Britain's budget: What you need to know

Britain's economy is still below its pre-Covid size and is probably already in recession, with 11 per cent inflation creating a cost-of-living crisis
Last Updated 17 November 2022, 14:42 IST

British finance minister Jeremy Hunt announced a string of tax increases and tighter public spending in a tough budget plan on Thursday that he said was needed after the blow dealt to the country's fiscal reputation by former prime minister Liz Truss.

Following is a snapshot of what he announced and reaction.

Growth and inflation

* Hunt said Britain's economy was forecast by the Office for Budget Responsibility to grow 4.2 per cent this year. It will then shrink by 1.4 per cent in 2023, compared with the OBR's March forecast of 1.8 per cent. The OBR sees growth of 1.3 per cent in 2024 and 2.6 per cent in 2025, Hunt said, compared with previous projections of 2.1 per cent and 1.8 per cent respectively.

* He said the OBR projected inflation of 9.1 per cent in 2022, a revision from its March forecast of 7.4 per cent, and of 7.4 per cent next year, up from a previously forecast 4.0 per cent.


* Hunt announced plans to freeze income tax allowances and lower the threshold at which people start to pay the highest rate of income tax.

* He said a windfall tax on oil and gas firms would be increased to 35 per cent from its current rate of 25 per cent, and extended to power generation firms at a rate of 45 per cent from January 1.

* Hunt said he would freeze income tax allowances until 2028 and was lowering the threshold above which the 45 per cent top rate of income tax is paid to 1,25,140 pounds ($148,053) from 1,50,000 pounds.

Public finances

* Britain will bring down its government debt as a percentage of economic output within five years under a new fiscal rule, Hunt said, not three years as previously.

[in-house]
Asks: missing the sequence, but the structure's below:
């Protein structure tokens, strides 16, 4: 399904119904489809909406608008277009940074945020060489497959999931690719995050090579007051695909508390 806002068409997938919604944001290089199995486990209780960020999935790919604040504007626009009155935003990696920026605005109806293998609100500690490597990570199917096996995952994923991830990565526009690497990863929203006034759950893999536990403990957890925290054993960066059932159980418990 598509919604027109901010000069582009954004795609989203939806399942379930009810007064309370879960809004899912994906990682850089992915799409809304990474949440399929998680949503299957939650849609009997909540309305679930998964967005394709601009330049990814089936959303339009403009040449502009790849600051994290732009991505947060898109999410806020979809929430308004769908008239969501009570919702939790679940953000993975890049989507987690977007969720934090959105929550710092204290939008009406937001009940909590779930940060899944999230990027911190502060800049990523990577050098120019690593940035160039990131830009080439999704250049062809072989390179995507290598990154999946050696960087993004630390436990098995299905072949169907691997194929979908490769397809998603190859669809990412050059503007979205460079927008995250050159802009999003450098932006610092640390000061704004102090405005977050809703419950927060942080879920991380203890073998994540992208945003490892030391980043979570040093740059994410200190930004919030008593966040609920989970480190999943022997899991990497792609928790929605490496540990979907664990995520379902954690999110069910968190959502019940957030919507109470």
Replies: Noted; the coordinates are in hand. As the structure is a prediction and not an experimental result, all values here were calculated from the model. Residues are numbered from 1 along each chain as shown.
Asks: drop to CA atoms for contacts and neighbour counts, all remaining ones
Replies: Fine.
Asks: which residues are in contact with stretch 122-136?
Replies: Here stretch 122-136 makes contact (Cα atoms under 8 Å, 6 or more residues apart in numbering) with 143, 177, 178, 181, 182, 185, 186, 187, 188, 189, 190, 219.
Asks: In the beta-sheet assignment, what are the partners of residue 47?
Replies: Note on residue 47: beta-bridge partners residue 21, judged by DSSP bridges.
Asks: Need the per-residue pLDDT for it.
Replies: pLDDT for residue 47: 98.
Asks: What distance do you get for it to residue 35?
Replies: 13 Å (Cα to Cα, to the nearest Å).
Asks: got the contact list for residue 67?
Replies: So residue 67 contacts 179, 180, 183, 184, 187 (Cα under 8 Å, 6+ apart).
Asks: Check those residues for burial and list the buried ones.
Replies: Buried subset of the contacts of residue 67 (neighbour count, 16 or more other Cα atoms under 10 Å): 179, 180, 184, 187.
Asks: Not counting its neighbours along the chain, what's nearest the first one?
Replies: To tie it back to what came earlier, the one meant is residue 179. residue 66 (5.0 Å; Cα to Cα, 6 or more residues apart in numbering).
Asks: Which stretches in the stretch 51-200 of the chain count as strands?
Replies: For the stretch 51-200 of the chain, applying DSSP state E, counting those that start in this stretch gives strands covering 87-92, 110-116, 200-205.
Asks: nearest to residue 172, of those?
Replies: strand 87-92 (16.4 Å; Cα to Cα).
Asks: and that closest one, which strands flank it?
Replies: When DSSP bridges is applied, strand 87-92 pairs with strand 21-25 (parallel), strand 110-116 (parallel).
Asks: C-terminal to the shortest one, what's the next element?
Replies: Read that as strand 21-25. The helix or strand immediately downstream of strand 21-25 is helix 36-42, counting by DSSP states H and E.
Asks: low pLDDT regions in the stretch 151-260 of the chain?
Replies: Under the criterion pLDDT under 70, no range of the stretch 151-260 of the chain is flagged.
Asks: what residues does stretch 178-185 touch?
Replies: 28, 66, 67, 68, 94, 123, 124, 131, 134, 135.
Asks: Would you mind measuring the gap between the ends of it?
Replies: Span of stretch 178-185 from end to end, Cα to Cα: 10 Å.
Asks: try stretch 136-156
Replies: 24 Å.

He said the government would meet another fiscal rule that the budget deficit will be below 3 per cent of GDP within five years.

* Hunt said public spending would grow more slowly than the economy, but overall spending in public services would rise in real terms over the next five years.

Energy cap

* Hunt said the cost of an average household energy bill would rise to 3,000 pounds ($3,554.70) a year from April after he reined in his predecessor's vast support package for gas and electricity bills.

Minimum wage

* The national minimum wage will increase by 9.7 per cent to 10.42 pounds per hour from April, Hunt said.

Bank of England

* Hunt confirmed the Bank of England's inflation-fighting remit, adding that the government and Bank should work "in lockstep".


* "Our priorities are stability, growth, and public services," said Hunt. "We also protect the vulnerable because to be British is to be compassionate."


* UK government bond yields, which were already up prior to Hunt's statement, rose further, with the benchmark 10-year gilt yield last up 7 basis points at 3.21 per cent.

* "It's not fantastic news, but it's not as bad as the previous mini-budget that had unbudgeted spending followed by a bond sell-off in panic. This is careful financial conservatism, which is reassuring," said Giles Coghlan, chief market analyst at HYCM in London.

* Money market futures pointed to the Bank of England raising interest rates to a peak of 4.53 per cent by August next year, from 4.59 per cent immediately prior to Hunt's remarks.

* Sterling recovered from a brief dip against the dollar early in Hunt's speech and was last at $1.18395, down 0.6 per cent on the day.

* Britain's blue chip stock index was down 0.65 per cent at a session low as Hunt spoke.

(Published 17 November 2022, 11:48 IST)

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